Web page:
Scrap MTD (Making Tax Digital). It is a waste of time and money for UK businesses. The timing of introduction coinciding with Brexit is appalling. And please take the new points based penalty system with it. We don’t need another set of penalties. As for the new systems – please see my earlier comments – free up some resource by at least shelving MTD.

UK Government spending

Call a moratorium on “great ideas”, particularly in the NHS and Education, and concentrate on properly funding and getting right what we have now. As a country apparently determined to get rid of “red tape”, why do we tie ourselves up in it?

I guess Brexit comes in here, but my wish to scrap Brexit in order to save £billions of wasted money, red tape and administrative hassle will fall upon deaf ears. My justification? Please see “Brexit” above. Who would commit to spending at least £50bn when they don’t know what they intend to achieve? Except a Government, of course, spending someone else’s money.

Love and peace for the world

This is a tax wish – conflict costs Governments money. Governments’ money comes from taxation. Remember, that colonies have been lost over taxation to pay for wars.
Normally this last wish would be the most outlandish. However, given the other wishes on my list, it is probably the most achievable!

And “Don’t look back in anger”? Noel Gallagher’s lyric makes more sense every day when faced with all of this.

We wish you a Happy Christmas and a Prosperous and Peaceful New Year.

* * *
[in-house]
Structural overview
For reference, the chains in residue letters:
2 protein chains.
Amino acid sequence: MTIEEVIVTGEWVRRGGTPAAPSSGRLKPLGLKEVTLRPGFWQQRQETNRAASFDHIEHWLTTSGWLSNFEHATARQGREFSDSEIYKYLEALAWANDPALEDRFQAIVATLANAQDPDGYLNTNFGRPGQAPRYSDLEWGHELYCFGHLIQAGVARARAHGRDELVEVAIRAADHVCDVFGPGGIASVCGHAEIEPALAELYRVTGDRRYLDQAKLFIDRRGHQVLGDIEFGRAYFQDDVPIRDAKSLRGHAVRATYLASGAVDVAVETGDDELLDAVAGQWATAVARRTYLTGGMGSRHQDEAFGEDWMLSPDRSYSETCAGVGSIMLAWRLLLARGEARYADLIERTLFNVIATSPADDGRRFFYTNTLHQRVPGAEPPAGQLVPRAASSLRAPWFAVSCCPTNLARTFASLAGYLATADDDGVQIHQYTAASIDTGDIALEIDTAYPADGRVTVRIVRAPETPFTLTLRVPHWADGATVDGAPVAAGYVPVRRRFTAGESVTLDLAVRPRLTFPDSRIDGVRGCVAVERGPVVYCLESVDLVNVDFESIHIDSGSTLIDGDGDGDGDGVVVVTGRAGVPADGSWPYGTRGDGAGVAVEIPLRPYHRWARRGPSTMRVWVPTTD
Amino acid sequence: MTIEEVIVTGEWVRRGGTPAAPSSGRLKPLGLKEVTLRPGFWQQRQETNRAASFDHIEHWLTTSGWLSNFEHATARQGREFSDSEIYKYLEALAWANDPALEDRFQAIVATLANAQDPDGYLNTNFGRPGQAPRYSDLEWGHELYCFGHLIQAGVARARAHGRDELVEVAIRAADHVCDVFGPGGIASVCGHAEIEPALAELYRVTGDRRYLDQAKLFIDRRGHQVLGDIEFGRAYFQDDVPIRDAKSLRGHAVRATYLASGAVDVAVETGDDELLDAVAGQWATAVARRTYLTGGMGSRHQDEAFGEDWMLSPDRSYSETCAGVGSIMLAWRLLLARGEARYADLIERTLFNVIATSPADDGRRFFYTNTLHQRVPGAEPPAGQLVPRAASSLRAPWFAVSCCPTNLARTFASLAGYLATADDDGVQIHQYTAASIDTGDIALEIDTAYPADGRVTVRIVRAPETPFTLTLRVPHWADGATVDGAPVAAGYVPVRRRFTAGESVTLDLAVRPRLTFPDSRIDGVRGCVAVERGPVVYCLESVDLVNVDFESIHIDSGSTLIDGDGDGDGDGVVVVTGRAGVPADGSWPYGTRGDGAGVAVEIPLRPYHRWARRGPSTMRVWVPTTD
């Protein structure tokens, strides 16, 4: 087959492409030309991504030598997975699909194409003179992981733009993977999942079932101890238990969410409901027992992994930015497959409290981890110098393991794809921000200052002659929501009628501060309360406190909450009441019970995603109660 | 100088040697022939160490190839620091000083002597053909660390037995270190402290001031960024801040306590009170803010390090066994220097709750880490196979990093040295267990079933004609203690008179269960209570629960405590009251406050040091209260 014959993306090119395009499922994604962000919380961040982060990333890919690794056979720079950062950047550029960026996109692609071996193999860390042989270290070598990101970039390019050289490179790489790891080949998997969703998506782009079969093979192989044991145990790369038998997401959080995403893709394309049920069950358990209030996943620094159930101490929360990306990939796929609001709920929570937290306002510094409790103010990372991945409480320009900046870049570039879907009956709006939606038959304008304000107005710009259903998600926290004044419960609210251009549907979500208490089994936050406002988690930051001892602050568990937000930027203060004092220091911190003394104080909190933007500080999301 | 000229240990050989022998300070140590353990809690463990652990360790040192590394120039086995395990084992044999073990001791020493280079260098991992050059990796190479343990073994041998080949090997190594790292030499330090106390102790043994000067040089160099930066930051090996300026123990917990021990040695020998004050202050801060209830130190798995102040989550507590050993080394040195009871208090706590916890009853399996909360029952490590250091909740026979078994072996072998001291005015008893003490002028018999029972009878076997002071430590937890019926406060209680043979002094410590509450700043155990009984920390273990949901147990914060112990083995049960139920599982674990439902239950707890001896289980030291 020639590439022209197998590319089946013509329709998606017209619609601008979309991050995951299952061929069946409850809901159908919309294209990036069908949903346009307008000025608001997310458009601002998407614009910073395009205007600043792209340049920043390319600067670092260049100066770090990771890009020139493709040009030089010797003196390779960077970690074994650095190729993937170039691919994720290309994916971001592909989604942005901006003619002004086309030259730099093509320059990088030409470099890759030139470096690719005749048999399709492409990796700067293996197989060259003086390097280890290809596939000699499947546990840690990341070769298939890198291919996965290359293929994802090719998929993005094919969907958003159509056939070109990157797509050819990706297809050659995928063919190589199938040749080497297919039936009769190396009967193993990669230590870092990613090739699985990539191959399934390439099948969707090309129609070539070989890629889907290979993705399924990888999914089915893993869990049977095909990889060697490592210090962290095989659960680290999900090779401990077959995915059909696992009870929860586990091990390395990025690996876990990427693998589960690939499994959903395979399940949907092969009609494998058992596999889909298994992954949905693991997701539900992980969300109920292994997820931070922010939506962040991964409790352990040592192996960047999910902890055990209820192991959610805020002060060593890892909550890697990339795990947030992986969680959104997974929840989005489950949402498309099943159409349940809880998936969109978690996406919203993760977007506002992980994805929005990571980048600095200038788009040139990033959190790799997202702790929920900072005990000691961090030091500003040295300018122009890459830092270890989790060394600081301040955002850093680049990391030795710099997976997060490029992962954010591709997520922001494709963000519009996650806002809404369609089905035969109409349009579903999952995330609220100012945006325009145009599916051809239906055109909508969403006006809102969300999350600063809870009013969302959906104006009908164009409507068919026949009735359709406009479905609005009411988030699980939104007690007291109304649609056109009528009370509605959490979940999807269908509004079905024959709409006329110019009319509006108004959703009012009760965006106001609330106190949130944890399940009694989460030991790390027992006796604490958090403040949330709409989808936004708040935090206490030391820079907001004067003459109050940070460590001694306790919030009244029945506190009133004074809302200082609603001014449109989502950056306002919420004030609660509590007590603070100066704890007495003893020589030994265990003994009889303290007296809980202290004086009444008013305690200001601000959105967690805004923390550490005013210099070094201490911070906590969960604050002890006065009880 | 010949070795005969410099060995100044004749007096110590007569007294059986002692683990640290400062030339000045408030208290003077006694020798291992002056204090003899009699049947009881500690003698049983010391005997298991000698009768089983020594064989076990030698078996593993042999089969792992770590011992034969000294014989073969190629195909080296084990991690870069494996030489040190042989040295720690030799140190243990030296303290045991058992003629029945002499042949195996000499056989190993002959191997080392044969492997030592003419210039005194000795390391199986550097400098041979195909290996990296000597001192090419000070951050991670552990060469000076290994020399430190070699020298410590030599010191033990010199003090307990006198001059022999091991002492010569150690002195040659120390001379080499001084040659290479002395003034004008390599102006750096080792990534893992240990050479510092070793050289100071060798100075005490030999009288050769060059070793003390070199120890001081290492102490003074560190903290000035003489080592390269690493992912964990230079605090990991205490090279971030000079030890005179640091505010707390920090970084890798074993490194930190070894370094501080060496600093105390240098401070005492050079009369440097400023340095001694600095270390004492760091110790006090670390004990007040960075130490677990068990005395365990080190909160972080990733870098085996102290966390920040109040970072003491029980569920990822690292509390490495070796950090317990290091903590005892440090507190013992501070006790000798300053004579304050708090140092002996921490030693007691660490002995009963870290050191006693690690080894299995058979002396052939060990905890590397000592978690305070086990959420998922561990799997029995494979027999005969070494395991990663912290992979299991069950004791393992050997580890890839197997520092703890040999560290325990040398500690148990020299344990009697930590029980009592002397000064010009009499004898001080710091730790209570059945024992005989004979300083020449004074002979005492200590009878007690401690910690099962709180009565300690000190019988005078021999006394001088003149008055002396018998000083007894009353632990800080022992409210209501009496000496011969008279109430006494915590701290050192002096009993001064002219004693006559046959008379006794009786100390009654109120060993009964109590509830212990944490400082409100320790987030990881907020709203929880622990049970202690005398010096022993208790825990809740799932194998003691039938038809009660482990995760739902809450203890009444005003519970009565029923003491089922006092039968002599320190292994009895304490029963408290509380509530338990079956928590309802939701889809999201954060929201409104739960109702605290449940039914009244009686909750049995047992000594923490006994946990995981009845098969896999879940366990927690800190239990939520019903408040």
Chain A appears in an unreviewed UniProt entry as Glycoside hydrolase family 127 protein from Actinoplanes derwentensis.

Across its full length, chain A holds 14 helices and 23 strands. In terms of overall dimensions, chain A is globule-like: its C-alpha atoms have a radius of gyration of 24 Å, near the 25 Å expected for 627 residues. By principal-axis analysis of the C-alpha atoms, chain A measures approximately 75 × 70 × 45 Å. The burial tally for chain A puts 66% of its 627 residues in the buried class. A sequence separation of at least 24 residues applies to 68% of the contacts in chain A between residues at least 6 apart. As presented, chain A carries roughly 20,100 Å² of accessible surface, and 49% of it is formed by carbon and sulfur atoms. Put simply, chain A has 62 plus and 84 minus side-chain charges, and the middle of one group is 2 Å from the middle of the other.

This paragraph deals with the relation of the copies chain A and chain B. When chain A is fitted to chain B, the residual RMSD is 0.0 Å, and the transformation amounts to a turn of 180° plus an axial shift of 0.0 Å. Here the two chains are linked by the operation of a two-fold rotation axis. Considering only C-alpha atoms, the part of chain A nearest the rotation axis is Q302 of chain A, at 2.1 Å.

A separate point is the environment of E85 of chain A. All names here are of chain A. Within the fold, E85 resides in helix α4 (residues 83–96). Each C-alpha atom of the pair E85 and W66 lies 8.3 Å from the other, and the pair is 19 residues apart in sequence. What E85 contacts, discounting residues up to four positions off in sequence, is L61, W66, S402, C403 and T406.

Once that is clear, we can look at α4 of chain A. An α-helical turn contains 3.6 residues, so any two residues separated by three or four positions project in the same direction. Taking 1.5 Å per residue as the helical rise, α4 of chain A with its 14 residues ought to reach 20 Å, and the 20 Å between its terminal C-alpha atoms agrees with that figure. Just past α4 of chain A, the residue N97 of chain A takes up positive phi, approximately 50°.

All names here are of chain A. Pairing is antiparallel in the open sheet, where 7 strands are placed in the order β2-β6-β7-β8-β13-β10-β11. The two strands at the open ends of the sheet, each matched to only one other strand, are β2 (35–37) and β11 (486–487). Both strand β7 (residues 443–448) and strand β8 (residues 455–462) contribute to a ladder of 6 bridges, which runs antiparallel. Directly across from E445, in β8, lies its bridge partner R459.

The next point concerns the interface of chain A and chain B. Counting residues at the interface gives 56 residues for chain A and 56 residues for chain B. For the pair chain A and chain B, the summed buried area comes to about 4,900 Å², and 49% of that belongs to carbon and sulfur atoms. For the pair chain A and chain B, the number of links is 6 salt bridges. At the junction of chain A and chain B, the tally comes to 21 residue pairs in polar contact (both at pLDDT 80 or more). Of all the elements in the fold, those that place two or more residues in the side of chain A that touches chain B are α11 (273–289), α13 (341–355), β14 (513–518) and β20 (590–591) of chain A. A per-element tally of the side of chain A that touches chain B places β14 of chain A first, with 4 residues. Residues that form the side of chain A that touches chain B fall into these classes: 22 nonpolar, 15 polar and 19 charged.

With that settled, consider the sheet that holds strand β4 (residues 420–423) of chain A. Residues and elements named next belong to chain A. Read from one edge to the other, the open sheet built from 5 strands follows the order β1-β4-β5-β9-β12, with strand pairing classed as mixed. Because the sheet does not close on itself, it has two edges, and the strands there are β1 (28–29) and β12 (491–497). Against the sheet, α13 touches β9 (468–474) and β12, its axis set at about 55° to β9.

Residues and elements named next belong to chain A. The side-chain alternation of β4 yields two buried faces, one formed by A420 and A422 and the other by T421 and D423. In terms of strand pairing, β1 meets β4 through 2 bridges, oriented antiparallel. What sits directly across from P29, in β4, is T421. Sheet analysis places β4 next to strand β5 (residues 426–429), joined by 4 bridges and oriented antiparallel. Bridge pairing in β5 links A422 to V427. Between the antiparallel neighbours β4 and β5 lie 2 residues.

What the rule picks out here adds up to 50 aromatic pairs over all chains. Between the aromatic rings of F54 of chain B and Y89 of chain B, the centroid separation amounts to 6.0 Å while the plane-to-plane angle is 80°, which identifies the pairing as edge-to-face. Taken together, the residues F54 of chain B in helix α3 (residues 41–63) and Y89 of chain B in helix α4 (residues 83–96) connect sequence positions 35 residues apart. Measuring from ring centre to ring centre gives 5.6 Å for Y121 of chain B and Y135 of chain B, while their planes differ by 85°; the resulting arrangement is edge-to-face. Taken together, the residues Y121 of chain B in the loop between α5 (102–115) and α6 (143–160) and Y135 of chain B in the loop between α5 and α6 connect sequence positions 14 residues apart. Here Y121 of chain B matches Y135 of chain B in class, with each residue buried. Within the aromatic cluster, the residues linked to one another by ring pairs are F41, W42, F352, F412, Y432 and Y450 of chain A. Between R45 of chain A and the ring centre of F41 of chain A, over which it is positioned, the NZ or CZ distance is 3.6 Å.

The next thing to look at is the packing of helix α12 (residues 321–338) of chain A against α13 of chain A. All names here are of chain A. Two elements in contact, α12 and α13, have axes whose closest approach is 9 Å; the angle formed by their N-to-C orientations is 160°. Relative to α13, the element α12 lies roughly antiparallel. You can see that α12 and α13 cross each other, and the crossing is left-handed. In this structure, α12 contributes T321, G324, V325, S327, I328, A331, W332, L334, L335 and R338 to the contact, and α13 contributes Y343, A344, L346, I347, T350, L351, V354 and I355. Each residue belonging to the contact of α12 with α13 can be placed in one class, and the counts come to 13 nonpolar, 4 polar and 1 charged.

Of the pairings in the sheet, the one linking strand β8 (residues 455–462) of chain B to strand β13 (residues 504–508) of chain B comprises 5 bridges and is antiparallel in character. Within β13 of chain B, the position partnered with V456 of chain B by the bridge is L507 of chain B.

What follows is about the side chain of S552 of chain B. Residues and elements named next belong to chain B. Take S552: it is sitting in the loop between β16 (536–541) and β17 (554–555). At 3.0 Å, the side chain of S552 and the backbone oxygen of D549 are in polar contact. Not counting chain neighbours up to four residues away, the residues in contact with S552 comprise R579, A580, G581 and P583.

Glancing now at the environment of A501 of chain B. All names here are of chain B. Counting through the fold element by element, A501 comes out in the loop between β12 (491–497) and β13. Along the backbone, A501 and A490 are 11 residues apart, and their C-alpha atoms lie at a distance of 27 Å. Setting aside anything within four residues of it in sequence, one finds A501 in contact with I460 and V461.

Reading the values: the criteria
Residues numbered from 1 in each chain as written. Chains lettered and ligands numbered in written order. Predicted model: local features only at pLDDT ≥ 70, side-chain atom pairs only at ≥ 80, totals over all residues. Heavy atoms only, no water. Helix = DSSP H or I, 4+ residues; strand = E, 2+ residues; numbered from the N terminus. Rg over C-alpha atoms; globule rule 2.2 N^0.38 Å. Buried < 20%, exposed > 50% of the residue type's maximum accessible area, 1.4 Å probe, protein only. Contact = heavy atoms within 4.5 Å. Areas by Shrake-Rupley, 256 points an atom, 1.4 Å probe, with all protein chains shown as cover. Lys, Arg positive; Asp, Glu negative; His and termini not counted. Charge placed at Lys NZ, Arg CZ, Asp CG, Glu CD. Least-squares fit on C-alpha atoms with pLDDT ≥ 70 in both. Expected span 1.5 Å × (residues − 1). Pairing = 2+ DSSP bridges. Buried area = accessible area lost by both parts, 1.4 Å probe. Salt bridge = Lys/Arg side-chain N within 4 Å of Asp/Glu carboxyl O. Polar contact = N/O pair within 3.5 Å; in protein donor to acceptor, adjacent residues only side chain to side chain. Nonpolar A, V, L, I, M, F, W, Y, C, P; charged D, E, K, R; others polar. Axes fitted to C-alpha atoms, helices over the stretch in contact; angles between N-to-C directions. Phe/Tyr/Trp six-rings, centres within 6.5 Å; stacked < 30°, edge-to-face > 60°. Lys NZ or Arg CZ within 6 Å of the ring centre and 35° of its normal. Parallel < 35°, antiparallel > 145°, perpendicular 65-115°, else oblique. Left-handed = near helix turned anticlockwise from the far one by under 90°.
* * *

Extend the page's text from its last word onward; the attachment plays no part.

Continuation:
Doing business differently

As a practice we have worked hard to move ourselves onto web based products so that our team can work anywhere with a decent Wi-Fi connection. We also like to think Covertax is well entrenched in 21st century values.
Our infrastructure means we all have access to video conferencing and telephone conferencing. We do not see these as a real substitute to meeting face to face, but there are times when it is a sensible solution.

Right now is one such example.

We are based in Coventry in the heart of the UK which is about to see its worst snowfall for thirty years. For those of you living outside the UK, you may wonder what the problem with a few centimetres of snow is, but we in the UK are just not set up to manage severe weather. Whilst the weather is a well know British obsession, extreme weather always seems to catch us by surprise – for example, there is no requirement or encouragement to have a set of winter tyres for our vehicles.

Accordingly, over the next few days we expect road closures, public transport disruption and also communications and power disruption.

We will continue to do business but all team members are encouraged not to put themselves or anyone else, including the emergency services, at risk. We all can and do work from home.
However, there may be some disruption to our service caused by power or communication failures, for which I am sorry.

We have added our Severe Weather Policy to our website so please feel free to read and share it.
The Severe Weather Policy include reference to team members who are vulnerable persons. We also apply it to our vulnerable clients – we do not wish to put them at risk.

Steve Botham